It was Charles H. Duell, commissioner of the US Patent Office, who is famously quoted as saying back in 1899 "everything that can be invented has been invented." This was in response to the astounding number of patent applications received that year, about 3,000, which was then a record. In 2003, that number had ballooned to 355,000 applications received by the US Patent Office. I wonder what Charles Duell would think today.
Most people would agree that change is happening faster now than at any time in history. Things that seemed impossible just 10 years ago today are commonplace. We can watch videos on a cell phone, we can share photos instantly with people half way across the world, we can search more information than is in the world's libraries in less than a second, we can listen to thousands of songs on tiny little players about the size of a matchbox. These are all big changes and each one has happened so much faster than anyone predicted.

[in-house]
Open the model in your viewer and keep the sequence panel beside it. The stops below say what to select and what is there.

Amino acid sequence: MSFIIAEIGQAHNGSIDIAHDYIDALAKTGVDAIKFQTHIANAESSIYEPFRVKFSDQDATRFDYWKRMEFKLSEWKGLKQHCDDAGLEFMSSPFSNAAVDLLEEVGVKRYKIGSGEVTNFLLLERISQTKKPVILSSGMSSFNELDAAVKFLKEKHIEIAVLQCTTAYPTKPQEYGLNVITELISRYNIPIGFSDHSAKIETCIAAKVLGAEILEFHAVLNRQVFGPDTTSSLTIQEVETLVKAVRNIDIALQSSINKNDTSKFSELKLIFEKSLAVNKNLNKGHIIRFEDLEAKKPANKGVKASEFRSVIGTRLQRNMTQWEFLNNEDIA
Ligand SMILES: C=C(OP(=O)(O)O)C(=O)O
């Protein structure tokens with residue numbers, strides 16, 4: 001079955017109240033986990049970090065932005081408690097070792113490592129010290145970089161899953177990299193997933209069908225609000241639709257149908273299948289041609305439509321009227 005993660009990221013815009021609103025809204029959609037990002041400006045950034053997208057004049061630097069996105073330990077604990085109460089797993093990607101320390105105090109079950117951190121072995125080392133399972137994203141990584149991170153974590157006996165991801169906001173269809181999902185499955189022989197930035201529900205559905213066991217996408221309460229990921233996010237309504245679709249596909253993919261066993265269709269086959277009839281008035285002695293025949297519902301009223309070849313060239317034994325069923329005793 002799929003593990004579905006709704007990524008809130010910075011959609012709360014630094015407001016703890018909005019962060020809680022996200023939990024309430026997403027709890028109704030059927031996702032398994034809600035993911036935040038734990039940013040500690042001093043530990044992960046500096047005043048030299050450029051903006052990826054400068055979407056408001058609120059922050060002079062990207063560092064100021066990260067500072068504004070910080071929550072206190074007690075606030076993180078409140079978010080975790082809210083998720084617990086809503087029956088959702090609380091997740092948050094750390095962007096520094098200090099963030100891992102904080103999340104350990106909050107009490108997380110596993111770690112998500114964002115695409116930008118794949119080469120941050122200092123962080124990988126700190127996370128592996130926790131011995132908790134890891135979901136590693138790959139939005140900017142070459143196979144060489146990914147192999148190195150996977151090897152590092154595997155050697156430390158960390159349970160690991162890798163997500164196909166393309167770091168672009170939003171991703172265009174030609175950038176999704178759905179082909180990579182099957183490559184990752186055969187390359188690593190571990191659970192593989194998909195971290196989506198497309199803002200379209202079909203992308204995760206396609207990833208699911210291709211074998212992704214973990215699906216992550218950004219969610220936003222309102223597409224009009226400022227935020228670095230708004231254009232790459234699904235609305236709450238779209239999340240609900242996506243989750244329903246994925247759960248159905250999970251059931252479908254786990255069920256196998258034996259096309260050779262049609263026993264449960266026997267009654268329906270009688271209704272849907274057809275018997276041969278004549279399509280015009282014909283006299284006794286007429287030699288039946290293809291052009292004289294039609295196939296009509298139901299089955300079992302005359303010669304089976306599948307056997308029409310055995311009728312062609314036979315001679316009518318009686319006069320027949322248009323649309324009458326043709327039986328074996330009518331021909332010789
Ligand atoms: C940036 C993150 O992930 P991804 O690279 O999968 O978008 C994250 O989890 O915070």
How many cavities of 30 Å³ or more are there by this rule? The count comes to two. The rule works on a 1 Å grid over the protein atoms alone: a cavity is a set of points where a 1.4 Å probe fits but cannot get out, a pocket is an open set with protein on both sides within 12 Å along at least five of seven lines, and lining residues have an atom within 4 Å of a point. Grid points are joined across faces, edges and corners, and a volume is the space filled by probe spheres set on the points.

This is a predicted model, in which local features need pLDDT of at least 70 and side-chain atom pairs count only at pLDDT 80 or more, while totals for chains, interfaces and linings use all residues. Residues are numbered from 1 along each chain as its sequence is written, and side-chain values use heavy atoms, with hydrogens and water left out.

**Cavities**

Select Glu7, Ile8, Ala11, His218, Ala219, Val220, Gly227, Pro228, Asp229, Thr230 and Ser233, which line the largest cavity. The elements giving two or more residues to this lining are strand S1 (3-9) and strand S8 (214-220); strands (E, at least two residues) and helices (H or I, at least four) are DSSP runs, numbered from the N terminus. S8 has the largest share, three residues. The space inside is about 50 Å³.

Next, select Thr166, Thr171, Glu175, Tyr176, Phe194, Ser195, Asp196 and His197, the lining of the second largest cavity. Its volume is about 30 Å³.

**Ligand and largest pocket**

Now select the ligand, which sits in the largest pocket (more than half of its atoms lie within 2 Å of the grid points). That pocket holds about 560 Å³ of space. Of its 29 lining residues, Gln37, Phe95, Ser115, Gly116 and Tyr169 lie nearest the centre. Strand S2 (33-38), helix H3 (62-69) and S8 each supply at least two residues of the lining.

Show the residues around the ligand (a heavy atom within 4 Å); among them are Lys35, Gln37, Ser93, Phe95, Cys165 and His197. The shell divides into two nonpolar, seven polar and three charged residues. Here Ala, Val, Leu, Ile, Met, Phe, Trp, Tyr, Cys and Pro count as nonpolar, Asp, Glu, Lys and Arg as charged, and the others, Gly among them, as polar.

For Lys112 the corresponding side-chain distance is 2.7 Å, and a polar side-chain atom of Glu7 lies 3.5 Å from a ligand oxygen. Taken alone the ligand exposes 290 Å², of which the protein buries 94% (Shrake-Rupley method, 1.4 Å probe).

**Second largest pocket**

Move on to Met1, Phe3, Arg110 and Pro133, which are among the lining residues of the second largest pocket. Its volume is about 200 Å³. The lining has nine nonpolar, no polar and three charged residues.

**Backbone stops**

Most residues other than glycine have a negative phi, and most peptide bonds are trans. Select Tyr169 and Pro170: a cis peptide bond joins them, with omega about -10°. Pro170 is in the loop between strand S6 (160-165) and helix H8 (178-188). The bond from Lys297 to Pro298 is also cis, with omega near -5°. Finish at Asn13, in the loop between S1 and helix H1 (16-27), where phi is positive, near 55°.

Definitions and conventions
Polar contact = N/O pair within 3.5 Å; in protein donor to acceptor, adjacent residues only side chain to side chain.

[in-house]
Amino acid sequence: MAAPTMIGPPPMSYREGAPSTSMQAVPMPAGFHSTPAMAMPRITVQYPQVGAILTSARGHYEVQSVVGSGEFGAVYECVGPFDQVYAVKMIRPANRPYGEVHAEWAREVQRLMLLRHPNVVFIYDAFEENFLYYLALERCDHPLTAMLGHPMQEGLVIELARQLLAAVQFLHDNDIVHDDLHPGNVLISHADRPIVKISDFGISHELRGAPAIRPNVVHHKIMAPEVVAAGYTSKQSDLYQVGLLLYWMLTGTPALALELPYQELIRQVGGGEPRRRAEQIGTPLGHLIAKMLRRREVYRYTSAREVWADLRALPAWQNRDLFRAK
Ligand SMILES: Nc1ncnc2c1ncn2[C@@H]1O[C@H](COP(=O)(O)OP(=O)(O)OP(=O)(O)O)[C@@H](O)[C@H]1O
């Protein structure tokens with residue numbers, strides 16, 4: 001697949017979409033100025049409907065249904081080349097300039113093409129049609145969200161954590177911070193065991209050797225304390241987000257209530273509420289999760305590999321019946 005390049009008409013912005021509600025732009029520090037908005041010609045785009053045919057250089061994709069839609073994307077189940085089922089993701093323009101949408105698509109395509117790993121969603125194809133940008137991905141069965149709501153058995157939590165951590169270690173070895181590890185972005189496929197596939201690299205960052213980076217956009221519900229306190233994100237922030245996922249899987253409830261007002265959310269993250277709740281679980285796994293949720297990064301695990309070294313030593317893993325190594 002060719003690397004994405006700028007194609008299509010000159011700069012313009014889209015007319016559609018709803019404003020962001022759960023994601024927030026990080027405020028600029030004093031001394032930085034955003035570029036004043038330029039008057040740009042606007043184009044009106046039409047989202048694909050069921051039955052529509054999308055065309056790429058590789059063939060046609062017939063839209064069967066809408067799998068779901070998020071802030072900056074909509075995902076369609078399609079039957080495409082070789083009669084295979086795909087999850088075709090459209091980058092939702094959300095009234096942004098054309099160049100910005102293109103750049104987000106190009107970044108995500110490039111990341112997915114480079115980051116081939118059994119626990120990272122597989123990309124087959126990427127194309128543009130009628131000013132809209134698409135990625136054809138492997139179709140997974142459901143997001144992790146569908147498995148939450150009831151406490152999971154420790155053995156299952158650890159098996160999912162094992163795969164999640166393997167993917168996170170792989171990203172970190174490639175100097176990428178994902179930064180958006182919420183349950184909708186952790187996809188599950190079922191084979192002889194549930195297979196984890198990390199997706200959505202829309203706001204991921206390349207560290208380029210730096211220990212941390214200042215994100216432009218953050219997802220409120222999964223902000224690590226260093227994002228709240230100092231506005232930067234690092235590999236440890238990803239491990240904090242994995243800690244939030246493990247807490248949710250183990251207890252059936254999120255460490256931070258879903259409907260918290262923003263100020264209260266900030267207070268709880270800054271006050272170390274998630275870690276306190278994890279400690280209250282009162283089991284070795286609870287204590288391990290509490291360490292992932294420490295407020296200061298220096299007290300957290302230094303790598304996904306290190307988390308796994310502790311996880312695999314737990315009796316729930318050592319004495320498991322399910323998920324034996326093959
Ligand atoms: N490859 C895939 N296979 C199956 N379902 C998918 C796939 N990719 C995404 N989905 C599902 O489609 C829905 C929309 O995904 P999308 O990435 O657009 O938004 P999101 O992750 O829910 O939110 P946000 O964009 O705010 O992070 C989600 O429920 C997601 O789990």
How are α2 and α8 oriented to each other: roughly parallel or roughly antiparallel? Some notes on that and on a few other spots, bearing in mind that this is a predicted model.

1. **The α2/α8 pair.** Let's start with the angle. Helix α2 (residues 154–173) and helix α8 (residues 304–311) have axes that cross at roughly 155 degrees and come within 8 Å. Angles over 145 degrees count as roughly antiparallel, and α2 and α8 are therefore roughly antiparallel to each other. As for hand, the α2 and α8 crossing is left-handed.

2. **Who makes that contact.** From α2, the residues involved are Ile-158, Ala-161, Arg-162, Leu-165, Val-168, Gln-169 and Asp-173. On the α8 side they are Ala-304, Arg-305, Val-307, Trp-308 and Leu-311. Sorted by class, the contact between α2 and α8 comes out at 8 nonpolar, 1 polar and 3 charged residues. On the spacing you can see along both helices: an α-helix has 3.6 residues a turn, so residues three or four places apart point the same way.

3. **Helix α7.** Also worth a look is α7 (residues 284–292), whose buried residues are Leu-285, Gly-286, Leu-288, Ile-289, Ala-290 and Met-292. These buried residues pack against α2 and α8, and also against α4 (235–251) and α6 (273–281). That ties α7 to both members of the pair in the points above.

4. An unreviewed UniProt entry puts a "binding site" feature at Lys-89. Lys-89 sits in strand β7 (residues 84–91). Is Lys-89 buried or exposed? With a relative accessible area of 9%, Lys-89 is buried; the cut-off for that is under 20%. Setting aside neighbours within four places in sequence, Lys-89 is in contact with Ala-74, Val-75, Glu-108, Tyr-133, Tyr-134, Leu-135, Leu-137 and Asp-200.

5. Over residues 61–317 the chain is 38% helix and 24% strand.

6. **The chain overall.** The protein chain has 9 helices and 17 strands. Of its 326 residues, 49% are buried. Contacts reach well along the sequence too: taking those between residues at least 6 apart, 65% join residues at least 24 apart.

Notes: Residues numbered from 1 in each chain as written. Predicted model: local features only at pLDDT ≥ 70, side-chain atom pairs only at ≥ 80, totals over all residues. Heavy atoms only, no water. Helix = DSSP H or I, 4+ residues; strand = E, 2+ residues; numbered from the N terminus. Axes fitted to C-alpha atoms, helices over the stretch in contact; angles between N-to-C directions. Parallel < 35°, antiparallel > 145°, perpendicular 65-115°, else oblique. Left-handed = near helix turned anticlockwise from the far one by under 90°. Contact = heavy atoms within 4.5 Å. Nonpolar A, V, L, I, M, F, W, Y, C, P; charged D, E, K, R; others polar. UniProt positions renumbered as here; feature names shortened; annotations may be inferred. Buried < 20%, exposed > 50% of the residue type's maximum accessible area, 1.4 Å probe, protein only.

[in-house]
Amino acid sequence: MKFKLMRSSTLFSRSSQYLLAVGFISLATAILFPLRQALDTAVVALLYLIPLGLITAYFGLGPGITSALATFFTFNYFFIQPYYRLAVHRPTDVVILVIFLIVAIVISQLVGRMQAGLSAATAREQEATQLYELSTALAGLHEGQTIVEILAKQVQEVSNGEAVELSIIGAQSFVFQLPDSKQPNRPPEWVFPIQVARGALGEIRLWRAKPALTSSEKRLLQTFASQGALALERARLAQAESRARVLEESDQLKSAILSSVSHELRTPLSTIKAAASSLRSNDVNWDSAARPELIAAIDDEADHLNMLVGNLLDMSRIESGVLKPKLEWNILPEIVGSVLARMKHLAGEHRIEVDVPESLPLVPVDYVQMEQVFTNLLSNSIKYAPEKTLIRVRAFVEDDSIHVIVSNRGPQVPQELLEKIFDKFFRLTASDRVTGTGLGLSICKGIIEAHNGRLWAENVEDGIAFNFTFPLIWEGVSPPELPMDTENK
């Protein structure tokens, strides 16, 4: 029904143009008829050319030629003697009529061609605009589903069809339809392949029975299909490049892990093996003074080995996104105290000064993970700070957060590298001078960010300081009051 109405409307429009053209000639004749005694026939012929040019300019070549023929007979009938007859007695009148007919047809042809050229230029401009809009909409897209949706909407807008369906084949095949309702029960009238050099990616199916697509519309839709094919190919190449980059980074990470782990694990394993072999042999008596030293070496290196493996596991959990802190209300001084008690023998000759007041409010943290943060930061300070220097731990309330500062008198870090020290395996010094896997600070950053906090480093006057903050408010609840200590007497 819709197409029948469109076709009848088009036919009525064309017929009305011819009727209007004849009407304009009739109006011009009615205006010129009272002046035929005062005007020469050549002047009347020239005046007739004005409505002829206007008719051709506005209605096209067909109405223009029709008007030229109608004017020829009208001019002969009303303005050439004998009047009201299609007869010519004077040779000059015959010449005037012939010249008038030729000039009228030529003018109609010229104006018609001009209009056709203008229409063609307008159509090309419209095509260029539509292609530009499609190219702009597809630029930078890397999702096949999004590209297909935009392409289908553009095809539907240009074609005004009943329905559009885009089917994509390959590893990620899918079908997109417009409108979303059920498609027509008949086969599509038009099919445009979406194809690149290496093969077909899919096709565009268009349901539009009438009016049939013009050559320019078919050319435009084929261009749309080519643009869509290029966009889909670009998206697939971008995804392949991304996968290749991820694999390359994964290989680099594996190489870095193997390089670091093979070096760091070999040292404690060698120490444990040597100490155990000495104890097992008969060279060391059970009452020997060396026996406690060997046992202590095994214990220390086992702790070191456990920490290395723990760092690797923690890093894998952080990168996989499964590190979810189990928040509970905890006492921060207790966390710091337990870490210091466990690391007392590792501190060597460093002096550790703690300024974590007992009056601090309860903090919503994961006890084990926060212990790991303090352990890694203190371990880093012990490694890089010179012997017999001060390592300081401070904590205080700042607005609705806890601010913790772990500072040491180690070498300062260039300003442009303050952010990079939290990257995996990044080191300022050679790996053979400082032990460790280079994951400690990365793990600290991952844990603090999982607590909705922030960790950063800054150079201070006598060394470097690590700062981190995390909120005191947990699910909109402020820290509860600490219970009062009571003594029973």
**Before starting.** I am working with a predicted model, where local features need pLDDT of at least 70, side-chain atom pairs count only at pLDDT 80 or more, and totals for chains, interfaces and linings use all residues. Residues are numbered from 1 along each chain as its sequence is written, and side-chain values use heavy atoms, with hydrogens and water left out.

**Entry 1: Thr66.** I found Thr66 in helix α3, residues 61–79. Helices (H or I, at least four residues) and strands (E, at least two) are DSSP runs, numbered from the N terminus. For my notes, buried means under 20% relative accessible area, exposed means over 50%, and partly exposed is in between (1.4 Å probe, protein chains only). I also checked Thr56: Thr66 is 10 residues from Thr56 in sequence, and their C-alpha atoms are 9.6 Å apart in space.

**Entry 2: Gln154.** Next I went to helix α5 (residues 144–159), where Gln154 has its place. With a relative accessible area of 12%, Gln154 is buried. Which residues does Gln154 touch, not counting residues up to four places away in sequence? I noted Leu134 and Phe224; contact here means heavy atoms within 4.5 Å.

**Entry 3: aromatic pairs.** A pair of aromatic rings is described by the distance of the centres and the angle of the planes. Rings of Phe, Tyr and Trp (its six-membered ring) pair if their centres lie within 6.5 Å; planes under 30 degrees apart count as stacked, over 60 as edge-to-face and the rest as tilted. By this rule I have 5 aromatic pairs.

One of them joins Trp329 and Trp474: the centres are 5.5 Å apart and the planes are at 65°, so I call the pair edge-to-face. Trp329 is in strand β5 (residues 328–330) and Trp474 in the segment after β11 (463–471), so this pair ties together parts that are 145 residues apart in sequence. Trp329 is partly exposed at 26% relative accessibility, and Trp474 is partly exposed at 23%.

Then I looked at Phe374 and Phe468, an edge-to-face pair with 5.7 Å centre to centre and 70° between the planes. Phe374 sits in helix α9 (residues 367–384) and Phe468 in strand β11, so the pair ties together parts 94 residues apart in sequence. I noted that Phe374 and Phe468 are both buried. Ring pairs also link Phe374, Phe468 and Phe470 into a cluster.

A 1980 model Cray supercomputer was the fastest machine of its day. It cost $12 million, weighed 10,000 lbs, consumed 150 kW of electricity -- and had only 8 MB of RAM and operated at a speed of 80 MHz. Today, you can buy a cell phone for $100 with more computer power than the world's most powerful computer of just 25 years ago. That is fast change. Technology is changing all aspects of business, and changing it fast. I don't know what the future is going to bring but I can guarantee you this; the pace of change is not slowing down any time soon.
Just because the world is changing fast doesn't mean you have to embrace all change. Just look at the dot-com boom of the late 1990's. Several hot shot entrepreneurs were convinced that the average person would prefer to shop for groceries or pet food online than at the store. Some people did, but the vast majority of us did not change the way we shop. For people to change long established habits there has to be a distinct advantage in doing so.